The worst of the bunch – and that’s saying a lot because it’s hard to find something good to say about Parental Guidance, is the Star Trek mishap. Fancy visual effects aside – and managing to take down a good portion of San Francisco without ‘killing’ anyone is a pretty weird bit of story telling – the fake romance between Uhura and Spock is so decidedly off-putting and off-story that it makes the rest of the movie ignor-able. How can I believe Kirk is real when there’s this strange back-story? I’m amazed to see that Rotten Tomatoes managed to get past that bit of insanity, but I just couldn’t.

Middle of the road – and really the saving grace is the believable scenery – is the ‘cartoon’ feature – Legend of Sarila. I’ve actually traveled into Northern Quebec, Nunavik, and Greenland. And I can tell you first hand – it actually looks like that. Even the oil lamp/bowl looks exactly like items we saw the Inuit using. Yes it’s a legend – but the story it tells – and the people it portrays are real. Problems? Well – it’s too clean, it’s too simple, and Sedna – a major goddess to the Inuit – is too easy to please. But as a kid friendly introduction to a life that most of us can’t imagine trying to live – this movie does work.

As for Parental Guidance and the Big Wedding. Skip’m!

Surprisingly good Pub Food and Great Beer – Summer Fun

The Vermont Pub and Brewery has been around for over 25 years – so the question is – how come I never ate there before? Answer – I thought it was more bar than restaurant – and I thought wrong.

It was one of those priceless Vermont summer evenings – daylight seems to last forever, and when the sun finally does decide to go down, the air still has that soft summer feel to it. I asked advice of Roger – the guy trying to sell me a Prius (more on that later) – and he recommended the Pub. I figured – why not!

I scored an outside table, and settled in for an easy evening. The newspaper cum menu was a nice start – and listed on the board was a yummy sounding Cajun Catfish for just $11.95. Ok – I could seriously handle that.

According to the informative menu (Prohibition ended on April 7, 1933 among other brew based tidbits) – the VPB has won lots of awards for their home brewed beer – and for just $1.25 they will give you a sample of any one of their flavors. You can even order a flight of samples. I opted for just one- their award winning, and car salesman suggested, Burly Irish Ale. Described as rich and malty – it was a small yet delightfully filling way to end my day. For dinner I tried their fried oysters (skip those next time), and for my main course – choose the catfish. That was exactly the right decision. The catfish was perfectly cooked – white and flaky, rich and delicious, perfectly seasoned. The potion of sweet potato fries was way too large – but they were delicous too.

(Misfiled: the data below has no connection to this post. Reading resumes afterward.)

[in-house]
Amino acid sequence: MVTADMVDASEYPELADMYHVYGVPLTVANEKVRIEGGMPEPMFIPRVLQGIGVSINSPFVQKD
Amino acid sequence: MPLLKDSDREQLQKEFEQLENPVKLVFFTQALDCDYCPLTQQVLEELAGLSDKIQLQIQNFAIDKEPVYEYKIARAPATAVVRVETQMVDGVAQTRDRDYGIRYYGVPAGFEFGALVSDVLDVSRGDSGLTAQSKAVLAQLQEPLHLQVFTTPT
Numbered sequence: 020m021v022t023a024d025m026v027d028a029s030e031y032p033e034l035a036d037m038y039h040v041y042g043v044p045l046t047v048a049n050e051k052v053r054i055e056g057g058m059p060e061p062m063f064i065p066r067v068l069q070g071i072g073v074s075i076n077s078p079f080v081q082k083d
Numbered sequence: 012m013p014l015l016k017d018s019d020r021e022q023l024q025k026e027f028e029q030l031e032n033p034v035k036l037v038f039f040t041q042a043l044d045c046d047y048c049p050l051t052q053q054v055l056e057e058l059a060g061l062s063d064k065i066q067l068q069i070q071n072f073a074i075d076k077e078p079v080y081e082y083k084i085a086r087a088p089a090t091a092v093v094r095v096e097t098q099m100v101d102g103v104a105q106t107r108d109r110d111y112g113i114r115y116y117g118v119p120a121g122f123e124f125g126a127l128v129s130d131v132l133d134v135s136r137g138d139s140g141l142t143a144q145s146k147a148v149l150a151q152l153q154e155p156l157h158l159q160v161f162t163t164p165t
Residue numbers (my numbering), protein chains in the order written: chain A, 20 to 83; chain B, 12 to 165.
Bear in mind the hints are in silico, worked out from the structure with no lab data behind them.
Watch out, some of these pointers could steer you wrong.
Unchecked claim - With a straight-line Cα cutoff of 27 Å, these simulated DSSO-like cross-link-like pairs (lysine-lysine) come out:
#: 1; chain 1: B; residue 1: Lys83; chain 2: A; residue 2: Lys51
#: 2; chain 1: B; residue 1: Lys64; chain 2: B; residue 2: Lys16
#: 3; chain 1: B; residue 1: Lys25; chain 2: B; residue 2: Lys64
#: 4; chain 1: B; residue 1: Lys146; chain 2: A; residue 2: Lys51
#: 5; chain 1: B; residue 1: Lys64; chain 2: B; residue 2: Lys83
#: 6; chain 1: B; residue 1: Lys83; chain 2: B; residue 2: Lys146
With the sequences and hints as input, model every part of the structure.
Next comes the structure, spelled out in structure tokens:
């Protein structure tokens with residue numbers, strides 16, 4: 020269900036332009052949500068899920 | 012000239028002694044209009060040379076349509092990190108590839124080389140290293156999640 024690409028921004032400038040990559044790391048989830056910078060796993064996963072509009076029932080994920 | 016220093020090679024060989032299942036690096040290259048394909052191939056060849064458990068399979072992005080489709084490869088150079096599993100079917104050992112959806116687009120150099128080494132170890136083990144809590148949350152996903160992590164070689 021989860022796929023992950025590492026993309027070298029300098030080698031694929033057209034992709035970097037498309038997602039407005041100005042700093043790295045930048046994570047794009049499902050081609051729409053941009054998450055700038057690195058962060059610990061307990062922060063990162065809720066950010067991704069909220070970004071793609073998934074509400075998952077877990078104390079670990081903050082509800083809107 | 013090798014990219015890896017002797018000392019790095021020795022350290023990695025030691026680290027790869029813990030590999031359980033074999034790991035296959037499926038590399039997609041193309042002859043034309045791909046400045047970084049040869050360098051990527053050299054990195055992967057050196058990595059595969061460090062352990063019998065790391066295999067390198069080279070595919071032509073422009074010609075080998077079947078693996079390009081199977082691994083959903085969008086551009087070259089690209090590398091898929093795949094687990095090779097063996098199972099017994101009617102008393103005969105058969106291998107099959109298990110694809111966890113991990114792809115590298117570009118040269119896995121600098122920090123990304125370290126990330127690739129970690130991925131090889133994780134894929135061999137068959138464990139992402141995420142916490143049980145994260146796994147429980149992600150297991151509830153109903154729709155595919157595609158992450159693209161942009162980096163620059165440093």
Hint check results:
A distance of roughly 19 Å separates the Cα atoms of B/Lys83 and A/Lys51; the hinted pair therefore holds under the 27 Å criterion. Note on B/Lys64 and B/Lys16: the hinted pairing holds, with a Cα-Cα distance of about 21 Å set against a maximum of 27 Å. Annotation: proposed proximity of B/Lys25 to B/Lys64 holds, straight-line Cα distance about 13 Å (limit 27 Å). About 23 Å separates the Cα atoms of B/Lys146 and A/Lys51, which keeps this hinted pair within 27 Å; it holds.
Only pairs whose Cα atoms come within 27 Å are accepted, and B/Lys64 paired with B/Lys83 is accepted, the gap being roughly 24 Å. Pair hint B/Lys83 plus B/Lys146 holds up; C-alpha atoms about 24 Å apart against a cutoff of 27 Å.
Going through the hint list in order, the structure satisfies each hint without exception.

Service was perfect – fast when needed, and they ignored me completely when I wanted to be ignored.

A B+ (fried oysters were just too thickly breaded to rate an A, beer was way too delicious to just give them a B. So B+ it is!)

8 Easy Steps to Eating Smart when Eating out!

This is one of my all time favorite topics. I leave and breathe eating out – and I watch my weight like a hawk. I went with Weight Watchers in Feb 2002 – lost 30 pounds by June 2002 – and have kept it off for over 11 years now. Clearly – I’m pretty pound of that accomplishment. I weigh what I weighed in High School. Rocking Grannie!

BUT – there’s a price to pay in staying slim and eating out more nights than I eat in – and I call it the menu game. And like all games, there are rules.

Step 1: Before sitting down – Choose your price point and be sure that the restaurant offers options that will work. For example – if you are thinking of spending about $20 per person – the average price for the entries on the menu should be $10 to $15. The wine, the dessert, the tip and taxes will bounce a $10 entry up to $20 in a blink of the eye.

Step 2: Choose your cuisine – A study by the folks at Tufts School of Nutrition has determined that there are ‘better’ cuisines and ‘worse’ cuisines from an average calorie point of view. Not surprisingly, Vietnamese and Japanese have the lowest average calories when their most popular dishes were analyzed, while Italian, American and Chinese have the highest average calorie counts. (Check out the exact numbers in the study published in JAMA Internal Medicine by Susan Roberts, Director of the HNRCA Energy Metabolism Laboratory. Susan Roberts also is the author of “The “i” Diet” (www.myidiet.com))

Step 3: Try not to arrive famished. This is so hard to avoid, and so critical to keeping control over how much you eat. The other day I ended up devouring almost 1/2 of a delicious milk shake because I was just too hungry when I walked in to remember to ask for water.